Here is the relevant part of the entry, complete with links to the texts at Perseus:
II. as fem., woman,Pi.P.4.98, Hdt.1.60, Isoc.18.52, Arist.EN1148b20; contemptuously, of female slaves, Antipho1.17, Is.6.20, etc.; with aIn the text from Isocrates for example, the words τὴν ἄνθρωπον show unambiguously that ἄνθρωπος anthrōpos is grammatically feminine. But, although Marlowe refers to the "Liddell & Scott Lexicon" entry for this word, he does not seem to be aware of this usage of the word as grammatically feminine.
[p. 142]sense of pity, D.19.197.
Now I accept that these feminine occurrences are not in biblical texts, and at least many of them are from long before the New Testament period. But that does not make them entirely irrelevant, and certainly does not justify a writer on this subject denying their existence. But there is at least one case in biblical Greek of ἄνθρωπος anthrōpos in the plural, and without specified grammatical gender, referring to a group which is explicitly of women only: καὶ ψυχαὶ ἀνθρώπων ἀπὸ τῶν γυναικῶν..., Numbers 31:35 LXX.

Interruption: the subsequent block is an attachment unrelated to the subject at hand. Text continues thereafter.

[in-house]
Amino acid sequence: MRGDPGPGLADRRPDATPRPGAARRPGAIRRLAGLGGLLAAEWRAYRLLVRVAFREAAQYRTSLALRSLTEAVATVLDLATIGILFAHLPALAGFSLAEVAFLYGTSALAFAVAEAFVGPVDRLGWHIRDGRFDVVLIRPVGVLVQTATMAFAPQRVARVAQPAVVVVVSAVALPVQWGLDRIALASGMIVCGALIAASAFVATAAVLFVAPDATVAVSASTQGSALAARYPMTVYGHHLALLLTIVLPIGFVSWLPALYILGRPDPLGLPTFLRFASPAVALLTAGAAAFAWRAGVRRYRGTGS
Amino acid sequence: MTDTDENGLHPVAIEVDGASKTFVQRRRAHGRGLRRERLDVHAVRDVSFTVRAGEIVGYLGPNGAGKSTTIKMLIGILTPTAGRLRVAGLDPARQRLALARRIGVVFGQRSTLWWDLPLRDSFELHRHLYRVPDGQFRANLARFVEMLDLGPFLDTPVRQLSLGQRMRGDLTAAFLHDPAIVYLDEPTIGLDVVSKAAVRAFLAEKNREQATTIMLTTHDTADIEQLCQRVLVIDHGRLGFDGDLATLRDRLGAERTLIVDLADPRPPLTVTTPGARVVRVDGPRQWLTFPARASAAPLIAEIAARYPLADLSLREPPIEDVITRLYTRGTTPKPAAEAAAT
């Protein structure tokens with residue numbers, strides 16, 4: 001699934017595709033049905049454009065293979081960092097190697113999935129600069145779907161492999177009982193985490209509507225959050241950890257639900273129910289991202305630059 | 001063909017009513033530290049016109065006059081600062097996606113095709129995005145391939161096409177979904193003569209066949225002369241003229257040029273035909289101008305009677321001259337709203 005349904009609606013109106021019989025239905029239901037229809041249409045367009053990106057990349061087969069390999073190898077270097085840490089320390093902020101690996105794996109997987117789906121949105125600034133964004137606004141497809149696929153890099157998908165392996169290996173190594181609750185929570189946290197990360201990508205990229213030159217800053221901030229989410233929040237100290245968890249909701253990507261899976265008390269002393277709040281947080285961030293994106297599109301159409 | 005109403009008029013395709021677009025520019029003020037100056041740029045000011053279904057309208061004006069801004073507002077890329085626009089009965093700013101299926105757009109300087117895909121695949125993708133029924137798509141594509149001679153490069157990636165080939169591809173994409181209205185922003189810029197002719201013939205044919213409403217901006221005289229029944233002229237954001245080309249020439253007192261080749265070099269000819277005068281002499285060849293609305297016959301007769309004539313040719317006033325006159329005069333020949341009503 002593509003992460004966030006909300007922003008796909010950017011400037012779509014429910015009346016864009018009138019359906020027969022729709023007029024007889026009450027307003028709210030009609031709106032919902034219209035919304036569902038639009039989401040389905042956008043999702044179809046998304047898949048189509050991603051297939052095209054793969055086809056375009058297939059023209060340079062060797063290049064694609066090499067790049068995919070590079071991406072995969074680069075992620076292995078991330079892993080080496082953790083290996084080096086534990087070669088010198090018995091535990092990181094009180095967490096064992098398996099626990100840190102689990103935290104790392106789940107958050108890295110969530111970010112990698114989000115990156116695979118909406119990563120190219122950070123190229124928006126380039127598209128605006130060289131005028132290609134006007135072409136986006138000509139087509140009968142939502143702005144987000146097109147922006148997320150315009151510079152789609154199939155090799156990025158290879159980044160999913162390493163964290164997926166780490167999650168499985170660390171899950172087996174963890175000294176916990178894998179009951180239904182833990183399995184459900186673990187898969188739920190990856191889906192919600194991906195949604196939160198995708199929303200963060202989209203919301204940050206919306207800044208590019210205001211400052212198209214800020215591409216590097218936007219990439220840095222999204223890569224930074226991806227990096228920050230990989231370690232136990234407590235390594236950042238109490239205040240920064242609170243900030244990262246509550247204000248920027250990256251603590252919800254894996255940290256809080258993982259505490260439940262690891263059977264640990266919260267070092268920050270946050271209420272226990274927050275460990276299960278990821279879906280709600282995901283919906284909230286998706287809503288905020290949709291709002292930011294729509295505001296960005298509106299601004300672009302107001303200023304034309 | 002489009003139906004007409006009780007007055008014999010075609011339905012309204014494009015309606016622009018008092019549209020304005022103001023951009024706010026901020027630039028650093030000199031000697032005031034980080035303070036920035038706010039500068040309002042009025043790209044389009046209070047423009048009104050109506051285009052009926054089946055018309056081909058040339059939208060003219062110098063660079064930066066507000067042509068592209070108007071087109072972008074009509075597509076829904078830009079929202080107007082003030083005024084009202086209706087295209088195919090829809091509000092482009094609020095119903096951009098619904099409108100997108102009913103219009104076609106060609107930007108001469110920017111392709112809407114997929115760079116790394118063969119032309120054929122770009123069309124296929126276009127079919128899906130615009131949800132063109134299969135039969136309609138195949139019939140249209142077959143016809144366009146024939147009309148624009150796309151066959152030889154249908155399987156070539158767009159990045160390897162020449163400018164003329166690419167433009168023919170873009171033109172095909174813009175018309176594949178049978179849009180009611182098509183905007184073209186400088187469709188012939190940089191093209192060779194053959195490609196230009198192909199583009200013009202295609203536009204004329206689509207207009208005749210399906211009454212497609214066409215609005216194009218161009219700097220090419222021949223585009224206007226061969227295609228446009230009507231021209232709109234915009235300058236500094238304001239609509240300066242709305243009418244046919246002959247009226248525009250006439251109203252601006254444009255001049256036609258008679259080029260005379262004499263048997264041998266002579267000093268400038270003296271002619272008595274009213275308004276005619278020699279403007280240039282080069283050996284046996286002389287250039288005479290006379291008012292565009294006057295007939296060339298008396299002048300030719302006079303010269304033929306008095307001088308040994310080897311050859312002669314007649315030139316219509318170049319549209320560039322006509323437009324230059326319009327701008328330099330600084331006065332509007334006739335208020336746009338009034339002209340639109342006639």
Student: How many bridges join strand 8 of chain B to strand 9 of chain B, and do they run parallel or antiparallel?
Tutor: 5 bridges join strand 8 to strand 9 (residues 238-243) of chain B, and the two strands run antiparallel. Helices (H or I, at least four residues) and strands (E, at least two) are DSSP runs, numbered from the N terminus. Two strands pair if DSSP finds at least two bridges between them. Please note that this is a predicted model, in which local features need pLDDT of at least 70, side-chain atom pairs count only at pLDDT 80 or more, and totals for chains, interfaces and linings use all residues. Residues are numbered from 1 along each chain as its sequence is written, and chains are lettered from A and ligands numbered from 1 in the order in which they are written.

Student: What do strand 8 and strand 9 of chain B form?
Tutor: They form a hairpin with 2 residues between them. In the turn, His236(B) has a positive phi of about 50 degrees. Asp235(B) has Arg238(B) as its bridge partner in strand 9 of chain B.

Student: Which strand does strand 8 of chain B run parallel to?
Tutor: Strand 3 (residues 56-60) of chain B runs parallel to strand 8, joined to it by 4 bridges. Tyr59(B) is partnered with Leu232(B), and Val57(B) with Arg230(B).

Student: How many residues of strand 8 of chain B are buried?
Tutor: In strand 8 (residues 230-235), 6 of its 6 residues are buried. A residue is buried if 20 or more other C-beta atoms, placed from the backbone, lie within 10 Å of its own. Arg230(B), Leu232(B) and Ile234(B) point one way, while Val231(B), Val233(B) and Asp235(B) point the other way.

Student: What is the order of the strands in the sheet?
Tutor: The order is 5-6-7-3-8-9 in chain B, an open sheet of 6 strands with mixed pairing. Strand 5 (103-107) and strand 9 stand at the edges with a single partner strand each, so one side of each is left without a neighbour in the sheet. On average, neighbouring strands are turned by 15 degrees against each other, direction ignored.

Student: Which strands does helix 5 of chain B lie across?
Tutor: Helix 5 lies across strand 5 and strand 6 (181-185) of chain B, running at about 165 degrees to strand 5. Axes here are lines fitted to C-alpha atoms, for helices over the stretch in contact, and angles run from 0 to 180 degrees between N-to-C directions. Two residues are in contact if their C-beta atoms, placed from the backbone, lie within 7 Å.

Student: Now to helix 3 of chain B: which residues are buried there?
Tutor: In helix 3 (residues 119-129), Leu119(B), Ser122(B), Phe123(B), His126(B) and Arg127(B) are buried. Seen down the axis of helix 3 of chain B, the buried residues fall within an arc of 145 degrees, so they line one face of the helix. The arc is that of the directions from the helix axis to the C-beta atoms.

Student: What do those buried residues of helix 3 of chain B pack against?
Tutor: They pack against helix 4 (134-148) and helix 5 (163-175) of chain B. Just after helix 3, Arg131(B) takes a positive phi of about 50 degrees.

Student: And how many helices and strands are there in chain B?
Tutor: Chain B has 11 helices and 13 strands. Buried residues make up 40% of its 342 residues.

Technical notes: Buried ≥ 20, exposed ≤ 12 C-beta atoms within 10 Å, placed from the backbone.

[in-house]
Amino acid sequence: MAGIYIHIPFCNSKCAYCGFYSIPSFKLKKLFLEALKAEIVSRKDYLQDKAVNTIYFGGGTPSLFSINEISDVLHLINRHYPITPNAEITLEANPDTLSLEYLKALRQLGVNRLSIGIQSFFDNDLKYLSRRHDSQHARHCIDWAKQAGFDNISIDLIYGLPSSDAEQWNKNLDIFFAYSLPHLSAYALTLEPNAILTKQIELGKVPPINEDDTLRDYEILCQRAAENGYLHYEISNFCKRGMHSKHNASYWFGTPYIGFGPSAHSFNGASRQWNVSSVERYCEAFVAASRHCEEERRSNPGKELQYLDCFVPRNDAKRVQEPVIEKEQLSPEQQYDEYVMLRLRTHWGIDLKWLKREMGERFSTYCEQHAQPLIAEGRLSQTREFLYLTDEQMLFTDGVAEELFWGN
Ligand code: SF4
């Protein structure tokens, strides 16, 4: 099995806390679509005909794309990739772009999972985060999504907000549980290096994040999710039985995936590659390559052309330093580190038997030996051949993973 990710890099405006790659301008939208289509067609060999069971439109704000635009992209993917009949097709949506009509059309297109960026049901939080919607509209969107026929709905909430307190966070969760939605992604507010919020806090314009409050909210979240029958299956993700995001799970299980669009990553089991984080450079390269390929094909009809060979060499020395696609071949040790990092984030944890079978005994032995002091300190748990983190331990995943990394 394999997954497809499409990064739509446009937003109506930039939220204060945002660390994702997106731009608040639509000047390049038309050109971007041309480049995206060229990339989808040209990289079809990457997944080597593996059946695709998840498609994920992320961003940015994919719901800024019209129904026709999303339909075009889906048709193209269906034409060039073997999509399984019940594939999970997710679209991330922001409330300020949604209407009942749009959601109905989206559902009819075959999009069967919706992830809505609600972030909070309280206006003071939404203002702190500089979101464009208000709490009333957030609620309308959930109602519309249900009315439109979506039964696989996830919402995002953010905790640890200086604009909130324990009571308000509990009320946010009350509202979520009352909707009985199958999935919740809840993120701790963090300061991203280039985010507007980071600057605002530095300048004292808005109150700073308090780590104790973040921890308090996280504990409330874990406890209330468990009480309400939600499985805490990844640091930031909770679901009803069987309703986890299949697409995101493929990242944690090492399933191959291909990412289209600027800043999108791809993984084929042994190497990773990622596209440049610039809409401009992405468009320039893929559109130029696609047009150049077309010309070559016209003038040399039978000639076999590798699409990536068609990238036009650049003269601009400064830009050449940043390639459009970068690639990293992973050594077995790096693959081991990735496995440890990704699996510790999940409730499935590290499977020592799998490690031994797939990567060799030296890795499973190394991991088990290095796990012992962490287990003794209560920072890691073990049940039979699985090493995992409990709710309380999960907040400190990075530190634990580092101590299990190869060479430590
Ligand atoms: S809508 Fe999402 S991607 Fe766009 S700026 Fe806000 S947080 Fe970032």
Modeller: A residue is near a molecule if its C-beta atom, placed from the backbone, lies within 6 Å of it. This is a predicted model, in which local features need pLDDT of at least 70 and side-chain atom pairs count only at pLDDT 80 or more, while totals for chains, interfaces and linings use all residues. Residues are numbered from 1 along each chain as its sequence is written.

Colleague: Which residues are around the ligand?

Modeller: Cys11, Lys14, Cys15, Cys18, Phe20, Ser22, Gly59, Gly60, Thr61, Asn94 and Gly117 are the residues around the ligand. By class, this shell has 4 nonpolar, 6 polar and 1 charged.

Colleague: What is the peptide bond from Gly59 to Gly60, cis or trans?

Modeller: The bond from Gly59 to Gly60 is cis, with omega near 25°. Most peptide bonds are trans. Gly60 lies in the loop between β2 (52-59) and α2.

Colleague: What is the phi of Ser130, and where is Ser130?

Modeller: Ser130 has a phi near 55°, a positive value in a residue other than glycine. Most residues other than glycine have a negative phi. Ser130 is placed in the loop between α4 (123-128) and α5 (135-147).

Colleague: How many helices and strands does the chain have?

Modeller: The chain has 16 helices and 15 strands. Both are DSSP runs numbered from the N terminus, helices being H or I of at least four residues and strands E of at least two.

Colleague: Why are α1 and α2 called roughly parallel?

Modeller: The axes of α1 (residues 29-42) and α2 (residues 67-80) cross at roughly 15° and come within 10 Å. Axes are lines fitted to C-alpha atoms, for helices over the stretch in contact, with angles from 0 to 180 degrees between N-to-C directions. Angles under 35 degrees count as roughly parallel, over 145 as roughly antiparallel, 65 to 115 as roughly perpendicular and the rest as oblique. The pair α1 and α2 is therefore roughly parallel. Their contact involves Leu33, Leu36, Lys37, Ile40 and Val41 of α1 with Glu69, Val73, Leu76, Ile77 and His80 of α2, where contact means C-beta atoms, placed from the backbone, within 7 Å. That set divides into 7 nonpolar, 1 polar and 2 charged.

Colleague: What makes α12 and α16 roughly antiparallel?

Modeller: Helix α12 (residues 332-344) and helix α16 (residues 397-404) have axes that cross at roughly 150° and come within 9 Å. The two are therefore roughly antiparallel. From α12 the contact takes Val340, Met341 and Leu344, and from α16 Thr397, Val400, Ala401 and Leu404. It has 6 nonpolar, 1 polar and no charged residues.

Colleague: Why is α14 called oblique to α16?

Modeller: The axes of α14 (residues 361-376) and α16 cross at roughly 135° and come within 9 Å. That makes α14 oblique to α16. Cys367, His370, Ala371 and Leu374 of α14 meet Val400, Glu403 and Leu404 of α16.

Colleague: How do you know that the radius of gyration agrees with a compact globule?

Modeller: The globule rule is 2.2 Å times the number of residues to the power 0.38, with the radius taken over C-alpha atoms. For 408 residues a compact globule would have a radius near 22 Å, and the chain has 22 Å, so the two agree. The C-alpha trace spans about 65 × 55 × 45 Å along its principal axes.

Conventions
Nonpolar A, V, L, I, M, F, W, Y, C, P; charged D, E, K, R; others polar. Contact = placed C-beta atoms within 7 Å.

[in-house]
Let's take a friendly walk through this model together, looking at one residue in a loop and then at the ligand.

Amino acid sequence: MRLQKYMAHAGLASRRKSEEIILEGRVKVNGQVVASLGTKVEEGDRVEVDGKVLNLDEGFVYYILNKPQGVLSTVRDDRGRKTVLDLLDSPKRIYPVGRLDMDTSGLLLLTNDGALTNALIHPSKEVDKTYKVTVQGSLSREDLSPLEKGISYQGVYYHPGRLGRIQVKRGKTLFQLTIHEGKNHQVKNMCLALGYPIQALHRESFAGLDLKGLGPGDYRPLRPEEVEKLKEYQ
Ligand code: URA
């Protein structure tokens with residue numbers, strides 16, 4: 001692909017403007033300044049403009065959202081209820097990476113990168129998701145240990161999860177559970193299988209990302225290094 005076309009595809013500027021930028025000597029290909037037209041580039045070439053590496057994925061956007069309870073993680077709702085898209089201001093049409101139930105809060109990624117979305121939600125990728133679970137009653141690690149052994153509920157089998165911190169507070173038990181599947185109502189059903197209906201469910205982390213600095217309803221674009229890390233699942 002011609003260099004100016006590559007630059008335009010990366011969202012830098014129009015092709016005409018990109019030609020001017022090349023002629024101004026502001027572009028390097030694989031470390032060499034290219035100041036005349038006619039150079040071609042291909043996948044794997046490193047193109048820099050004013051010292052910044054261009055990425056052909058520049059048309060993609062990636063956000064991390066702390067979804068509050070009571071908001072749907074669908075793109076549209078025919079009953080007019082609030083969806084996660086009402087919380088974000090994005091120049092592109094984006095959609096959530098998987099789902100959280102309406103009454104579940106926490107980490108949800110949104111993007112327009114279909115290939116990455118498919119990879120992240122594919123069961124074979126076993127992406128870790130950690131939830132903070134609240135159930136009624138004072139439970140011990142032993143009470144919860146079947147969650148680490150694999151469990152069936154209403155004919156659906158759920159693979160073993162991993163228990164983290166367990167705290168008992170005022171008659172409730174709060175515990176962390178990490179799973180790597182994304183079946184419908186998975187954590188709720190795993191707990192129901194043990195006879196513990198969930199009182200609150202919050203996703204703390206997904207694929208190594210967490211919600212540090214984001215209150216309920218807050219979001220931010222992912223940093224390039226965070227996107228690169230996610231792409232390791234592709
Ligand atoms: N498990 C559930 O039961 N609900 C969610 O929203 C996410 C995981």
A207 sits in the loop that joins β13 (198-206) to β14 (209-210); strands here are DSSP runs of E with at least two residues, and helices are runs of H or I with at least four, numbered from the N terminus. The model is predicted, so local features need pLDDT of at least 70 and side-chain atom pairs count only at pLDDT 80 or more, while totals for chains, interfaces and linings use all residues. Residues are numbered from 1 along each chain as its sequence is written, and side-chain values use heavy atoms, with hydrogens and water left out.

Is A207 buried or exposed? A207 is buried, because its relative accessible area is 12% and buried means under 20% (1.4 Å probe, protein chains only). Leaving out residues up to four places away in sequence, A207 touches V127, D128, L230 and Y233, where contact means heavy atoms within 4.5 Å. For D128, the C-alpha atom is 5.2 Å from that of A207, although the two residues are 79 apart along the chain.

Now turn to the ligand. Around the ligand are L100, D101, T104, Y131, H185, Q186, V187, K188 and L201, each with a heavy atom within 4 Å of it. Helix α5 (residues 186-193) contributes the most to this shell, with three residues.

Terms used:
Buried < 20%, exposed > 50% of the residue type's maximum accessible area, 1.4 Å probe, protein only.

I found this reference from a paper by David Clines, the well-respected editor of the authoritative work The Dictionary of Classical Hebrew, concerning the Hebrew word אָדָם 'adam. (Thank you, David R, for drawing this paper to my attention.) This Hebrew word corresponds quite closely in meaning to Greek ἄνθρωπος anthrōpos, and they are often translational equivalents. I would recommend anyone interested in the meaning of ἄνθρωπος anthrōpos to read Clines' paper.